Why we start emotionally charged fights, and how to rise above them
How do we move from 'ego' to 'we go'?
Daniel Shapiro, Ph.D., is a world-renowned expert on negotiation and conflict resolution. He founded and directs the Harvard International Negotiation Program, which has pioneered innovative strategies and teaching methodologies to address the human dimensions of conflict resolution. Dr. Shapiro also is an associate professor in psychology at Harvard Medical School/McLean Hospital and affiliated faculty at Harvard Law School’s Program on Negotiation, where he serves as the associate director of the Harvard Negotiation Project. For three years, he chaired the World Economic Forum’s Global Agenda Council on Conflict Prevention.
He has launched back-channel negotiations to help revitalize formal peace negotiations in a major Middle East conflict, and regularly conducts negotiation trainings for government leaders around the world—including Middle East negotiators, Chinese officials, Serbian members of parliament, and senior U.S. officials. Through nonprofit funding, he developed a conflict management program that now reaches one million youth across more than thirty countries.
He has appeared on dozens of radio and television shows and has contributed to The New York Times, O, The Oprah Magazine, and other popular publications. Dr. Shapiro is the recipient of numerous awards, including the American Psychological Association’s Early Career Award and the Cloke-Millen Peacemaker of the Year Award. The World Economic Forum named him a “Young Global Leader.” In his spare time, he plays blues guitar and enjoys playing baseball with his three sports-loving sons.
So look, we all experience emotionally charged conflicts: whether it’s in the workplace, whether it’s a colleague, whether it’s at home with a spouse, whether it’s even in our country dealing with political issues.
The challenge is how do we deal with it most effectively? And my sense is that most people come in with like the quick-fix answer, the rational approaches. “Just listen a little bit more. Talk a little bit less.” And that’s useful but that’s not enough.
Beneath rationality is this other layer to the conflict which is the emotional layer.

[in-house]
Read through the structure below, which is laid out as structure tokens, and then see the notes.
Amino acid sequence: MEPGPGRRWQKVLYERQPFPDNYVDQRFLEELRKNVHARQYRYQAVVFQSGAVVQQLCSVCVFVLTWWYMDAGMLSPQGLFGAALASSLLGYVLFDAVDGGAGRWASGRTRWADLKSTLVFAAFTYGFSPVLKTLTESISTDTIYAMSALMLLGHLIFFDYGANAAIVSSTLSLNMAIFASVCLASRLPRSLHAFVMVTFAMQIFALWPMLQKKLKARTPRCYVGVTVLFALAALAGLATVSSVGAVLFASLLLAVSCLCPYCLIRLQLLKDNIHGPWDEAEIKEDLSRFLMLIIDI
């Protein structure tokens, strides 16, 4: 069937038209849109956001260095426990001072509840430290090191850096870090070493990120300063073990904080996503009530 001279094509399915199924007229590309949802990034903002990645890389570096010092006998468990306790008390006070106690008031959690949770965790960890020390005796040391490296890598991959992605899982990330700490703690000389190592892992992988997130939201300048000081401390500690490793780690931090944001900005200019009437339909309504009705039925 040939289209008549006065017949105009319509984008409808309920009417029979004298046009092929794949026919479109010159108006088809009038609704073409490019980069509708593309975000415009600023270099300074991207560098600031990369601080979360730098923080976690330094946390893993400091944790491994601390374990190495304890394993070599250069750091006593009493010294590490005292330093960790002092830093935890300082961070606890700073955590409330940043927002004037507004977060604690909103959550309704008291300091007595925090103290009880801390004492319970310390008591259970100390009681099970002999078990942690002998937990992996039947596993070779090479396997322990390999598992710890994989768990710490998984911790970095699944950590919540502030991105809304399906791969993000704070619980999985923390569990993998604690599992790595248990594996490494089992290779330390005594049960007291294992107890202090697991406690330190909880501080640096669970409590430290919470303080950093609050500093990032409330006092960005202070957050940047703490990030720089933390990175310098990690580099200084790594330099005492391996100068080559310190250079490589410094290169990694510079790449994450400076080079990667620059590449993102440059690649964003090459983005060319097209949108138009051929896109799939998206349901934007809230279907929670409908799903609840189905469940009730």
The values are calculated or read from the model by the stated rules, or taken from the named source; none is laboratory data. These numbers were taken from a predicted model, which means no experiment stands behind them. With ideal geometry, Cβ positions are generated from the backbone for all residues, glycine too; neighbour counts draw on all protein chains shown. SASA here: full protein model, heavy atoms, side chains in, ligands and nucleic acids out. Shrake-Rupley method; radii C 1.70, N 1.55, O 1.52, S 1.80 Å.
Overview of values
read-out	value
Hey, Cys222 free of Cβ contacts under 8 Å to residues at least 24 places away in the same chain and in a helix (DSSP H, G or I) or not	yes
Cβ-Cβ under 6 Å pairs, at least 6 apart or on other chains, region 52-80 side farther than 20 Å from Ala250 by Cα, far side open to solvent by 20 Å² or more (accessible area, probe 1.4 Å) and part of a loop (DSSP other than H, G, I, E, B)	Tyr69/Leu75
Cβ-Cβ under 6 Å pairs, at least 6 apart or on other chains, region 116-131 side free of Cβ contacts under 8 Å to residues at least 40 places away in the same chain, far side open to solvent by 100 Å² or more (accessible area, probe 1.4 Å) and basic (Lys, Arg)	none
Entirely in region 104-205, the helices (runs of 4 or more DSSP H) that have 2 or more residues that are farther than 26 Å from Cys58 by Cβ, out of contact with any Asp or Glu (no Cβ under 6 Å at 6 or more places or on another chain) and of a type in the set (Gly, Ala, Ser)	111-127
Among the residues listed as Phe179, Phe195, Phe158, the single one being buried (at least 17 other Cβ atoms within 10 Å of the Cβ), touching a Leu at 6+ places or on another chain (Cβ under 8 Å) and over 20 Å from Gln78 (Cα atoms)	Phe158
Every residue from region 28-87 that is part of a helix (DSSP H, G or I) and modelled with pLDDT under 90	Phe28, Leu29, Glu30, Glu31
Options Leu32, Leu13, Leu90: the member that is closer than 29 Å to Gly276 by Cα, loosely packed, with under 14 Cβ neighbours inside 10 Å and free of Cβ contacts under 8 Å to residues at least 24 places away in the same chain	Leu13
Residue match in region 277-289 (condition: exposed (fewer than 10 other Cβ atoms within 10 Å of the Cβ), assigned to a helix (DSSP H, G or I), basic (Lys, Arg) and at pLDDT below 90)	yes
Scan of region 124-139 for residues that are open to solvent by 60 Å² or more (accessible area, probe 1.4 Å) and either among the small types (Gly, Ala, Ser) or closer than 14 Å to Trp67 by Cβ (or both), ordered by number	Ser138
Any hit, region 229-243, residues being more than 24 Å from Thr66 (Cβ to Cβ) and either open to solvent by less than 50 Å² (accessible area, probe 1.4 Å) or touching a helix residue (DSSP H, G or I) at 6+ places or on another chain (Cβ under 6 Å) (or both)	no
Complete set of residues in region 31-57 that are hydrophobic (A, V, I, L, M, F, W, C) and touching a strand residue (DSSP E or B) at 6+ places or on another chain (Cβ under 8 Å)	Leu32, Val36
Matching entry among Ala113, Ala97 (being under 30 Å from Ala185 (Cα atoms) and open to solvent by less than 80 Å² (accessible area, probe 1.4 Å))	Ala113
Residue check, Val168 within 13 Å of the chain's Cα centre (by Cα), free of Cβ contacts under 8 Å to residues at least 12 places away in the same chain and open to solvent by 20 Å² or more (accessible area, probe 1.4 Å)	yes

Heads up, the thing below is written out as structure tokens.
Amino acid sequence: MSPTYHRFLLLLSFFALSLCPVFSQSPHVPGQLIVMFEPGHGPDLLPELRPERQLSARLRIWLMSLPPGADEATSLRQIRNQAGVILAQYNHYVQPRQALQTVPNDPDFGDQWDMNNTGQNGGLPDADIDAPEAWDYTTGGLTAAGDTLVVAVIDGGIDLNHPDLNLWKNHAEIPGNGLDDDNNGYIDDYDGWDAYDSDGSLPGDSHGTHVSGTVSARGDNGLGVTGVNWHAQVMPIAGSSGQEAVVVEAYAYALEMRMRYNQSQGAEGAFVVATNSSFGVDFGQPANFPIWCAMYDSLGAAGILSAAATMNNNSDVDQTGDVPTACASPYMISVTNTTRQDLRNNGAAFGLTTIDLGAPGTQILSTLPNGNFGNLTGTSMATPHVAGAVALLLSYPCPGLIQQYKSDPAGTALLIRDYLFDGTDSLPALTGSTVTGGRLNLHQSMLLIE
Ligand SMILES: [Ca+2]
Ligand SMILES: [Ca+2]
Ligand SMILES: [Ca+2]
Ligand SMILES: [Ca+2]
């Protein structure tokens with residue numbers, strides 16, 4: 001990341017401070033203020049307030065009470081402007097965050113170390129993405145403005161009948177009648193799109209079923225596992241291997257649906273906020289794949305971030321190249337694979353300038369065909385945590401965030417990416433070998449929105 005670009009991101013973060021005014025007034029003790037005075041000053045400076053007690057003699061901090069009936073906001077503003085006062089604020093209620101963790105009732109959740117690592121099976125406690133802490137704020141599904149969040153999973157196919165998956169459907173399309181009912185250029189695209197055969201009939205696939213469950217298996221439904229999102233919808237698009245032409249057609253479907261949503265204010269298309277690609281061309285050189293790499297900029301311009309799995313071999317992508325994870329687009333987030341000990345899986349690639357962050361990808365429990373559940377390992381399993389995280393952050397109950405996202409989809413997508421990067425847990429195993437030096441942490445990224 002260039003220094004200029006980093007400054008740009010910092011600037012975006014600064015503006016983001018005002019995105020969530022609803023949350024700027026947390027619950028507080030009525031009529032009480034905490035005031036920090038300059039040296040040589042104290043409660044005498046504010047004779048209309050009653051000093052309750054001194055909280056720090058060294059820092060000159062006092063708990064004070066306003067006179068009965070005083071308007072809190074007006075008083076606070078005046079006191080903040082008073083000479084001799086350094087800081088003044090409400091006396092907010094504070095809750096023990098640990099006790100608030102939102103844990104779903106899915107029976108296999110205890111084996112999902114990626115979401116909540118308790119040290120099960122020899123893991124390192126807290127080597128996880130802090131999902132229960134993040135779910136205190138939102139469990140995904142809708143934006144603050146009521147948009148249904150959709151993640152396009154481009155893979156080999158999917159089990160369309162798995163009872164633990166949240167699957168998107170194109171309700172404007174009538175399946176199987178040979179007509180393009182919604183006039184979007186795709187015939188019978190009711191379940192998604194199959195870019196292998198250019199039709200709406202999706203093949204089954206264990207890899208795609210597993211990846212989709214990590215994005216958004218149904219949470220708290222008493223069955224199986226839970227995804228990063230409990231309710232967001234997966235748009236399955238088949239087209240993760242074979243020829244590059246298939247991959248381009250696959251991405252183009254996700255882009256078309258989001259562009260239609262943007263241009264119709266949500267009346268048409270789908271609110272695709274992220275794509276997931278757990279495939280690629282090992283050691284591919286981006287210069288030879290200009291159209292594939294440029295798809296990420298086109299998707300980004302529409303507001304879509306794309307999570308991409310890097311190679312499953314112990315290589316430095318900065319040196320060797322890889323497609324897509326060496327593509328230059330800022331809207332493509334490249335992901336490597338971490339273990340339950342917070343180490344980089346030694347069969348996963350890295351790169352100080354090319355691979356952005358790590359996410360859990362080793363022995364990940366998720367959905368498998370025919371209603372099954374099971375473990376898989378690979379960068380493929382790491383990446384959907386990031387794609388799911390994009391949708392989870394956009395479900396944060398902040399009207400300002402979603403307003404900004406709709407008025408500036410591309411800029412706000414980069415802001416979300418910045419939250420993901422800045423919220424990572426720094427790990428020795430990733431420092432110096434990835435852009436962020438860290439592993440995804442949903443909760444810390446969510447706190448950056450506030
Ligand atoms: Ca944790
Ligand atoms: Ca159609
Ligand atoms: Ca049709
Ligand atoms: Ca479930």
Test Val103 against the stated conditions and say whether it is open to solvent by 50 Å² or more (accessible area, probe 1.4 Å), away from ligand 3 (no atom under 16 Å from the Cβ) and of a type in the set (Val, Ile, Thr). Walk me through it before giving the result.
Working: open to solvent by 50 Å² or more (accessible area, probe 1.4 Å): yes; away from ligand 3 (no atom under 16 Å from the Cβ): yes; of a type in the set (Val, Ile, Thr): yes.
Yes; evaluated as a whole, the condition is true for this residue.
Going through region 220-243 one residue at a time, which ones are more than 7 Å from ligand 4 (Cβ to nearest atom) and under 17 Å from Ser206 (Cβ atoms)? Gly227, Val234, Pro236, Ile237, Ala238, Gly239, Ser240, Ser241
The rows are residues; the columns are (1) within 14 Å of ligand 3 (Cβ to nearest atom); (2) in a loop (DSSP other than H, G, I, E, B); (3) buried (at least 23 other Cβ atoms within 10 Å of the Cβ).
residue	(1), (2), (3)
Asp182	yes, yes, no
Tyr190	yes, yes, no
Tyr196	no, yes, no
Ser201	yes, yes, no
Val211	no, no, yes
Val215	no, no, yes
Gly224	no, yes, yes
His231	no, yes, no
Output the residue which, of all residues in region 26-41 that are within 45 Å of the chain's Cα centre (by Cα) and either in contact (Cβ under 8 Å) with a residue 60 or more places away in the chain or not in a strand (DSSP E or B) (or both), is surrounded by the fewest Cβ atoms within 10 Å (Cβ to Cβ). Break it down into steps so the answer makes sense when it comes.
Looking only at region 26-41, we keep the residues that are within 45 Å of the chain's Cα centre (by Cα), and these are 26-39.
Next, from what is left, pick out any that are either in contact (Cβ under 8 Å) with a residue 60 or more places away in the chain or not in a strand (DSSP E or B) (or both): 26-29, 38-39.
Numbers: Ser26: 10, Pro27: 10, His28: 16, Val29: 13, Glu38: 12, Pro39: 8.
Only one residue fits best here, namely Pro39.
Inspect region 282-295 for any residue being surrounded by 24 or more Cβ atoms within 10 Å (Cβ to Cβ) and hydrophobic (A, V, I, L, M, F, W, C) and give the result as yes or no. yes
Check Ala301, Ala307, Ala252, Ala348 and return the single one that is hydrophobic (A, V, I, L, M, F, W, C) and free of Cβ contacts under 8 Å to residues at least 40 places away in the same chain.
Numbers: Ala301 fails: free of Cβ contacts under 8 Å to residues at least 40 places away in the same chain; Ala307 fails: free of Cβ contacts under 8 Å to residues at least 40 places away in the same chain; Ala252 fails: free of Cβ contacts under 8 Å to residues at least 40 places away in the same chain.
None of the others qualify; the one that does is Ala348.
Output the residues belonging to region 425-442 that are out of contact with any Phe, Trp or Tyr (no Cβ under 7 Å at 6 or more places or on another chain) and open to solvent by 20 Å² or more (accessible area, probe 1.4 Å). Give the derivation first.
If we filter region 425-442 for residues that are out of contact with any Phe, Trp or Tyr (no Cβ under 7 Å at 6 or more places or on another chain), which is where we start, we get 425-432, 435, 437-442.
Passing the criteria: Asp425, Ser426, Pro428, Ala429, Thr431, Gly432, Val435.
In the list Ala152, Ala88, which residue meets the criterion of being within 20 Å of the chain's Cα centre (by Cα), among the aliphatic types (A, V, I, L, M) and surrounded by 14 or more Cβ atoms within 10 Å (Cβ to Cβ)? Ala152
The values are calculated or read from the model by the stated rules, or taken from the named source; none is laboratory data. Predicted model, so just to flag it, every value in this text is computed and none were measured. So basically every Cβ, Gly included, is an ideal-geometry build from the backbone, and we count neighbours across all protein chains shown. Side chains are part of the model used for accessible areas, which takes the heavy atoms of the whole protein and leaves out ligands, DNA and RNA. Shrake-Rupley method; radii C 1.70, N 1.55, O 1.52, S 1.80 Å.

You’re starting to get angry. Your colleague is starting to get angry and things start to fester. But even that is not the fundamental force driving us in conflict. What’s the core? It’s identity.
At the end of the day what tends to fuel our emotions in a conflict is a threat to who we are and what we stand for. And the moment I threaten what you deeply care about all of a sudden now we have a real emotionally charged conflict.
So the moment your identity feels threatened all of a sudden you fall prey to a very dangerous mindset that I call the tribes effect. This is an “us versus them” mindset. You could be in a conflict with somebody you love – your mother, your kid – but the moment you get into this mindset it becomes Me versus You, Us versus Them. Think about a conflict in your own life. There are three basic characteristics to this tribal mentality.
One, it’s adversarial. It is Me versus You.
Two, it’s self-righteous. I believe I am right and legitimate in my perspective and I believe you are wrong and crazy.
And element number three: this tribes effect, it is a closed system. So I will argue and defend my perspective to no ends but I am going to close my ears to your perspective. This is the tribes effect. We fall into it in the family dynamic and unfortunately just as true national dynamics, international dynamics, we see the polarizations there.
Once you attach to a tribe something strange happens. No longer is content as important, the substance of the arguments, the policies. That is important, but at the end of the day, the most important element in terms of being a part of the tribe is the loyalty. Loyalty to the tribe. And the most serious, and the most serious offense that you can commit against your own tribe is to betray that tribe’s trust, its loyalty, its essence. It’s to go against the tribe in some way.